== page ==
Wales politics

Vote 2012: Preparing for local election night after a busy month in politics

Door to 11 Downing St
Image caption What will voters tell the occupant of 11 Downing Street about taxes and the economy?

After a torrid month for the UK government and a poll bounce for Labour, BBC Wales political reporter Daniel Davies asks what will constitute a good set of results for the political parties at the local elections.

The local election campaign got under way with rows about VAT on hot pies and an income tax cut for the rich.

But the Budget was just the start of a torrid month for the Westminster coalition.

Since then we've seen panic buying at petrol stations, the stalled deportation of Abu Qatada, uncomfortable questions about contact between ministers and the Murdoch dynasty and - perhaps worst of all - confirmation that the UK economy is back in recession.

So quickly have things unravelled that the pasty tax is just one aspect of what Ed Miliband has labelled "the omnishambles". As things continue to slide for the Westminster coalition, should his party revise upwards its expectations for the local elections?

Lost ground

A bad month for the UK government doesn't necessarily mean voters are back in love with Labour.

Labour has a lot of ground to regain from the last time Wales' 1,200 council seats were contested four years ago.

Voters clobbered Gordon Brown over the 10p tax row in May 2008, depriving Labour of 124 seats. The Conservatives were the big beneficiaries, gaining a 5% share of the vote.

By coincidence, pollsters ICM gave the Tories a 5% lead over Labour in the run up to that election.

How things have changed. The same series of polls for the Guardian newspaper put Labour eight points ahead last week - and that was before the double-dip recession was announced.

It is difficult to project UK-wide polls onto the Welsh political scene, particularly during local elections with their long tradition of independent candidates.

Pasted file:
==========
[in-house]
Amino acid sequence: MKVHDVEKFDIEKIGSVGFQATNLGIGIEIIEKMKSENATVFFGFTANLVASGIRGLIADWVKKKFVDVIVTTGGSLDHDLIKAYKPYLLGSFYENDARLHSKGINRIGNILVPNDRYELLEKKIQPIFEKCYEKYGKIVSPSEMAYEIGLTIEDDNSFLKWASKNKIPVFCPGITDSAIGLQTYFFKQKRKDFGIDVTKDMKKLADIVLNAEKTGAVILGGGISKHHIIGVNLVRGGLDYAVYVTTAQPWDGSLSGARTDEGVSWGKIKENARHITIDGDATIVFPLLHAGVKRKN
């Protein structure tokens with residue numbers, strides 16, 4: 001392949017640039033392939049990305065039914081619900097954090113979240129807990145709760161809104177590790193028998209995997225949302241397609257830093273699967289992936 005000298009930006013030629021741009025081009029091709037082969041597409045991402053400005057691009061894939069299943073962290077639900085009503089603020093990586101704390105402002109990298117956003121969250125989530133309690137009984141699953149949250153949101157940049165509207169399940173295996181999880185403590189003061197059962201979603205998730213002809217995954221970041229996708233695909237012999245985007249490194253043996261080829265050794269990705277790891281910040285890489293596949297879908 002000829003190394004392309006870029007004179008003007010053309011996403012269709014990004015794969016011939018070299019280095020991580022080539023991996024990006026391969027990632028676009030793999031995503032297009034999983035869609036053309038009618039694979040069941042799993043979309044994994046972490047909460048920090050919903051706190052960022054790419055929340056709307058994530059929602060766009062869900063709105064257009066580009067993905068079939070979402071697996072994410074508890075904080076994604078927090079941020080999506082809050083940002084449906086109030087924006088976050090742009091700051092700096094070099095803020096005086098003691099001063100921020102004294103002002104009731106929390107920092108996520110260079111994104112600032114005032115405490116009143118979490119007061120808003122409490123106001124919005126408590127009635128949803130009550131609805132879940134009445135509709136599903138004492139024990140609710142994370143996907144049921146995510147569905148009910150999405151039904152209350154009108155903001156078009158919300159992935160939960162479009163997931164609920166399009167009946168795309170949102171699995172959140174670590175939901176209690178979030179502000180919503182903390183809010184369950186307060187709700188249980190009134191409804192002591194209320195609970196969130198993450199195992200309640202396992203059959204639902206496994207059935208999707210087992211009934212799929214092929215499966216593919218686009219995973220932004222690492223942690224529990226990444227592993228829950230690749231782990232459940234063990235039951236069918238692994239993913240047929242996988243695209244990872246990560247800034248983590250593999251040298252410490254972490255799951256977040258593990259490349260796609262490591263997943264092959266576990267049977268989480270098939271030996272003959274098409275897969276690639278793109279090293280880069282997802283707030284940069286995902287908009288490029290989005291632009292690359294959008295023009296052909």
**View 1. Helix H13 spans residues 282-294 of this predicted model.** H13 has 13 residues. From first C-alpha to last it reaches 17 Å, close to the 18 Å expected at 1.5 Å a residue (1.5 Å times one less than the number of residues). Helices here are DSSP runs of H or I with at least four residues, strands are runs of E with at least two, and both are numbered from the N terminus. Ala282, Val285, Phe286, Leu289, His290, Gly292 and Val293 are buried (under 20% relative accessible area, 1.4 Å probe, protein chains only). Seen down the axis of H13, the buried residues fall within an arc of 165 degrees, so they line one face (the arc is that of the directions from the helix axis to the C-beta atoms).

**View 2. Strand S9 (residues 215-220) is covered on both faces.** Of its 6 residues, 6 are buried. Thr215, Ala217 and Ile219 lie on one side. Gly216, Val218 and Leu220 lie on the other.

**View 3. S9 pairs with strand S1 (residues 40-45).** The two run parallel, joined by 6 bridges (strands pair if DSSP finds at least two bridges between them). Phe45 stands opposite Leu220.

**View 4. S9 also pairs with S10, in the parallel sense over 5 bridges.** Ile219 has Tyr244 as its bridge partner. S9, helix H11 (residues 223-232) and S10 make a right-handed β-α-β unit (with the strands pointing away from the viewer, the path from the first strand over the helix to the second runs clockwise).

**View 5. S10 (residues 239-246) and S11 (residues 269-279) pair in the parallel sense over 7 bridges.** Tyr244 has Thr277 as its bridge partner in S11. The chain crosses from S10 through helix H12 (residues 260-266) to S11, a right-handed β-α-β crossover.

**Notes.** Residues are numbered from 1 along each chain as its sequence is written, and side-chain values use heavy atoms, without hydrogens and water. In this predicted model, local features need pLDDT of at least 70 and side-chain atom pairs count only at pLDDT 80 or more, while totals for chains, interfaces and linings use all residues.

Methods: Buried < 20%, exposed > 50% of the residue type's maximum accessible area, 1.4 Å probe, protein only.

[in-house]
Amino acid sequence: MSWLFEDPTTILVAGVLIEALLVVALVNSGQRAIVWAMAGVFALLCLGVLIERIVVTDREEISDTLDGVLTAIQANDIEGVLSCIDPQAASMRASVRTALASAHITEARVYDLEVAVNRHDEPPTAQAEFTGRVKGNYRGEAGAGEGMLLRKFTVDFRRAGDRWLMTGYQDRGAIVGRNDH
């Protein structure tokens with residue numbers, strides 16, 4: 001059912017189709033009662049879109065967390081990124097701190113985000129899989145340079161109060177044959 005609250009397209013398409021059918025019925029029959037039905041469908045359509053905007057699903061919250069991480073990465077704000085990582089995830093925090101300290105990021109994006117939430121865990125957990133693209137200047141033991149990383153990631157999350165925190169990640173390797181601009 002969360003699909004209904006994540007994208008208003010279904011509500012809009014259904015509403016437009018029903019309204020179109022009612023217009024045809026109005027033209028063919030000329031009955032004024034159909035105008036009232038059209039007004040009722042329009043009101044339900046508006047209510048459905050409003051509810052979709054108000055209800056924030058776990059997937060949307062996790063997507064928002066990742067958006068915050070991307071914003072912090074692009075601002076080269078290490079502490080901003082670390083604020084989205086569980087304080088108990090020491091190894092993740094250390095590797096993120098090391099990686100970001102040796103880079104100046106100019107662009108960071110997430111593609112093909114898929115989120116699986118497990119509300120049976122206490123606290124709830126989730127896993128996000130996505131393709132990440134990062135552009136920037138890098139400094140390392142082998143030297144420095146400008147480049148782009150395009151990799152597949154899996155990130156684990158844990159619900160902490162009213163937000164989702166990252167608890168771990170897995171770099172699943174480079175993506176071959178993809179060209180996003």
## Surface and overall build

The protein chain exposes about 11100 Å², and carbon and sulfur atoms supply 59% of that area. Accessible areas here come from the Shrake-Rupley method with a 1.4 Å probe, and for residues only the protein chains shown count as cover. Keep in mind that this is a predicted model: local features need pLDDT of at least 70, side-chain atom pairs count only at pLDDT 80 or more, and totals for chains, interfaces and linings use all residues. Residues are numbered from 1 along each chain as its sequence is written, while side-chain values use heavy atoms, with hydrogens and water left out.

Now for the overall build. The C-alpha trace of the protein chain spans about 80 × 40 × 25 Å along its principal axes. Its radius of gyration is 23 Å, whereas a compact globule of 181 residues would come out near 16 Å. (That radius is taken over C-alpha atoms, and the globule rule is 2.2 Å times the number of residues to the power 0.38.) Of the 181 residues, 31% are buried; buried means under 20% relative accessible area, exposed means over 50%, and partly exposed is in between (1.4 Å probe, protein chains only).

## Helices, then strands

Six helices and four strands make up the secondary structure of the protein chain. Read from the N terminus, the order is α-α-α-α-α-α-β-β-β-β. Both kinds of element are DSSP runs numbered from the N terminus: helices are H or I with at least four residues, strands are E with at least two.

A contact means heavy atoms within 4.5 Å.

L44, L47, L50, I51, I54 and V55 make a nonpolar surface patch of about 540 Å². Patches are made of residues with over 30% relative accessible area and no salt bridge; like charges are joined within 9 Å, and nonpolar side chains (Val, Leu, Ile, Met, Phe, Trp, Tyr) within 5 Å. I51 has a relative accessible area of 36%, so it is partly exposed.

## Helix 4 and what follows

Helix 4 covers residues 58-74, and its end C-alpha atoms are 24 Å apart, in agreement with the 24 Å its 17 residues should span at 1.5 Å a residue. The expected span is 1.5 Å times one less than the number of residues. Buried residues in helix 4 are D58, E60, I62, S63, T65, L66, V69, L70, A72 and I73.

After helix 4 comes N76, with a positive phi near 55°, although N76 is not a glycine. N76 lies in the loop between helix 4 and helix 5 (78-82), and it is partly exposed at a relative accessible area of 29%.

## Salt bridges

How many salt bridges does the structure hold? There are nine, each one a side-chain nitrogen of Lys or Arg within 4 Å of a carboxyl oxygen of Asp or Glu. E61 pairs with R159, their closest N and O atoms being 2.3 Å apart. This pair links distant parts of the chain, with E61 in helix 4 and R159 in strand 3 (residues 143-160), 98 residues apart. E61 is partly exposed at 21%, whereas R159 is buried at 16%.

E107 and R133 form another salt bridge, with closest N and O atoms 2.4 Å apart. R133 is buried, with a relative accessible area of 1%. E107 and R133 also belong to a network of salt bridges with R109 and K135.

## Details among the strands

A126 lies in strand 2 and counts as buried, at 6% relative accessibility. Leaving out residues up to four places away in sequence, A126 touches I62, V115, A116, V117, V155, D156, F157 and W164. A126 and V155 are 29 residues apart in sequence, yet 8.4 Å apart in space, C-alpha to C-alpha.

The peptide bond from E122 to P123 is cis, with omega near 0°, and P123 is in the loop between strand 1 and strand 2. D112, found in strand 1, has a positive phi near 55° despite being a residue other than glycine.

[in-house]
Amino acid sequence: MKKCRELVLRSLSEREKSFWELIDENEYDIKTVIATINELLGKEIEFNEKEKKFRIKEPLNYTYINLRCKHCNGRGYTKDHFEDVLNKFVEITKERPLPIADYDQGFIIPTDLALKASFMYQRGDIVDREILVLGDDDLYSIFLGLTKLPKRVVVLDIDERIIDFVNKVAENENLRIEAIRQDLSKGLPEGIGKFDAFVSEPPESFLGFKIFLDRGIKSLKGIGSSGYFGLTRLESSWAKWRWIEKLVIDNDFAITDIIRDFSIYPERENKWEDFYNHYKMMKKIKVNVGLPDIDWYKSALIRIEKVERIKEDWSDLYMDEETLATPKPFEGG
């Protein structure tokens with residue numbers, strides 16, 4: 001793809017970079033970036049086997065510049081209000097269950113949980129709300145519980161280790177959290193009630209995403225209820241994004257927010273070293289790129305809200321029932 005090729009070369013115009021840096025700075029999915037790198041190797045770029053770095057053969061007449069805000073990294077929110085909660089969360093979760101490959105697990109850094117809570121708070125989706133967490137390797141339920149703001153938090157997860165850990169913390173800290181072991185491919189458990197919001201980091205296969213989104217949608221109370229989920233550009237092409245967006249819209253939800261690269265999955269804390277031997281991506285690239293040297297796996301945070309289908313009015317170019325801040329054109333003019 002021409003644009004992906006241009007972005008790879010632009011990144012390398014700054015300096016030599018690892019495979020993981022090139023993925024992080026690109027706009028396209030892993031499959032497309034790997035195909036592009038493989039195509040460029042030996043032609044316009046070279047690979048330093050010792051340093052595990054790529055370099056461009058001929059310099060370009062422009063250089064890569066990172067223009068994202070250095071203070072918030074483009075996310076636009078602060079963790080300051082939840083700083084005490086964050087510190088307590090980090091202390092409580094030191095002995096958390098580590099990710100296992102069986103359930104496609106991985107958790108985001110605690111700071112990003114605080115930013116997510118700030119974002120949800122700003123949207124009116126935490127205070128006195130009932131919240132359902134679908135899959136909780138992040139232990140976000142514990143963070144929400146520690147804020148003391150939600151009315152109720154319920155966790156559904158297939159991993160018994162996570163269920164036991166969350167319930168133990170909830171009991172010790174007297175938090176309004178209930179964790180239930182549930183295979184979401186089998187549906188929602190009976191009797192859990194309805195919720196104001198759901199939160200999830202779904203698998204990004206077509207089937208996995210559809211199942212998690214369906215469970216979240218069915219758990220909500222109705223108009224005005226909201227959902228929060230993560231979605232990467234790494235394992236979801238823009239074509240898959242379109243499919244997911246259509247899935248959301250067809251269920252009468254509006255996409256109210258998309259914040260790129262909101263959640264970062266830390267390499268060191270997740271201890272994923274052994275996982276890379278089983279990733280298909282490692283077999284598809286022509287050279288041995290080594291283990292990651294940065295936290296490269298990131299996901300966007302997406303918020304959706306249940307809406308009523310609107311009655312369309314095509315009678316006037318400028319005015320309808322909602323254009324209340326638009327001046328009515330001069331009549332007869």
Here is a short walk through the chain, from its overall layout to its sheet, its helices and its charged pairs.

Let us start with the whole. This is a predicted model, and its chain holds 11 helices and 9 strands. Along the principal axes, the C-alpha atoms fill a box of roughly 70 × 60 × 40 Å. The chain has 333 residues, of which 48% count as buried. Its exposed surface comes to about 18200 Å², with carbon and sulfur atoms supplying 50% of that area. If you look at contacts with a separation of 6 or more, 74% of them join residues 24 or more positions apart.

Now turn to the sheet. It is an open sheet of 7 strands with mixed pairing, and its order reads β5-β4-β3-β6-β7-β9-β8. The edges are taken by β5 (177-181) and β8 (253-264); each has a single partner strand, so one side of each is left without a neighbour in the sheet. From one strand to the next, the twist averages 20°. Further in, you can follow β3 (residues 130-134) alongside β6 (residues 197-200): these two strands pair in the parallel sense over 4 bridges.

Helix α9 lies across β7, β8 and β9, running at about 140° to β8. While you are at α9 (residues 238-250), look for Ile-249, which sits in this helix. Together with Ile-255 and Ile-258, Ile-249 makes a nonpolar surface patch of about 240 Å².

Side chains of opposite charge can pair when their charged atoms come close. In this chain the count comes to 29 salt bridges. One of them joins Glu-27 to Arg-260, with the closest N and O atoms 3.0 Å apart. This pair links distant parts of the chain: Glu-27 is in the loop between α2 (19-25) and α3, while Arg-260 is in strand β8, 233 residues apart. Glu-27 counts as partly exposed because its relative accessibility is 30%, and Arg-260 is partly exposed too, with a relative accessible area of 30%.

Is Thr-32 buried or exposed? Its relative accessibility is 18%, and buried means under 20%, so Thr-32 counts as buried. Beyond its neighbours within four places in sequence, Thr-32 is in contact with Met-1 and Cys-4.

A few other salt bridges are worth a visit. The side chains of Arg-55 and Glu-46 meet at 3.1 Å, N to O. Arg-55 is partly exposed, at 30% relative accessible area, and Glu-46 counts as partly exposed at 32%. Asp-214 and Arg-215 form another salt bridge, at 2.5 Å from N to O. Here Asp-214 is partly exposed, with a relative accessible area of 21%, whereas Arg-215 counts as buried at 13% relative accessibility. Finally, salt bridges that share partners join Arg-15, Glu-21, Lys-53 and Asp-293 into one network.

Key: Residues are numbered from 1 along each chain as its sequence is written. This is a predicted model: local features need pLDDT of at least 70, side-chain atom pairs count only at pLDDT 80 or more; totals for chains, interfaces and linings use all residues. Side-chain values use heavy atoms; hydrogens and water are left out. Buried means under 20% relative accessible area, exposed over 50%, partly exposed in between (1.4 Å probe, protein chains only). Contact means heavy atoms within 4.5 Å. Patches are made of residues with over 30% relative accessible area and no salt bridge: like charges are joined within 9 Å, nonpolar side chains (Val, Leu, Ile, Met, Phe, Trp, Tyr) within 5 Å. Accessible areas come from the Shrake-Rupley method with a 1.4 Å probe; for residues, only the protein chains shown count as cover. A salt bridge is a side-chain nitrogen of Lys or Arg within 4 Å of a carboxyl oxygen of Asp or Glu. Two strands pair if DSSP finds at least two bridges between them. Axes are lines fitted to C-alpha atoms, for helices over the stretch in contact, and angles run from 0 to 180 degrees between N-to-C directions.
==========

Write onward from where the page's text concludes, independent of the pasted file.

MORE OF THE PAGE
Image caption Will the pasty tax leave a bitter taste?

But it's clear the tide is running in Labour's favour.

They are defending around 340 seats in Wales and fielding more than 880 candidates. Winning anything less than 450 would be disappointing, says the political analyst Prof Richard Wyn Jones of Cardiff University's Welsh Governance Centre.

"The big question: how far up the beach can they push the boat?" he said in a briefing for journalists.

Standing in their way are Plaid Cymru, the Tories, the Liberal Democrats and a phalanx of independents.

Plaid have a new leader in Leanne Wood. You might expect the party to attract attention by electing its first Welsh-learner and female leader.

But Plaid insists the local elections come too soon into Ms Wood's tenure for them to be seen as a verdict on her.

Plaid enjoyed pretty good results in May 2008, despite local difficulties depriving it of outright control of Gwynedd. Losses to a Labour resurgence this time around might be offset by gains elsewhere.

These elections will be an interesting test for the Welsh Conservatives, who have been steadily amassing votes in recent years, culminating in the 2011 assembly elections when they pushed Plaid into second place.

The UK political and economic backdrop does the Welsh Tories no favours. At the very least, they will expect to hold onto the Vale of Glamorgan - the back yard of their assembly leader Andrew RT Davies - which they gained in 2008.

Beyond that, keeping their current tally of nearly 170 seats would be a good result, says Prof Jones.

But if trouble for David Cameron and Nick Clegg's coalition is inconvenient for the Welsh Conservatives, what does it mean for the Welsh Liberal Democrats?

Holding back stiff challenges from Labour in Wrexham, Cardiff and Swansea will be a big ask. Labour would dearly love to dislodge the Lib Dem leadership of those three councils. Winning Cardiff is "within our grasp", Welsh Labour leader Carwyn Jones said recently.

The Lib Dems are the only one of the four main parties fielding fewer candidates than they did in 2008, saying they are concentrating resources in places where they have a chance of doing well.

How is this for expectation management from Lib Dem local government spokesman Peter Black: "We are competitive in the seats that we hold."

It's rare for such a dose of realism to cut through the flak at election time. While they trash their opponents in public, political parties will be carefully assessing their chances in public. They only have a few days to wait to find out what voters make of it all.

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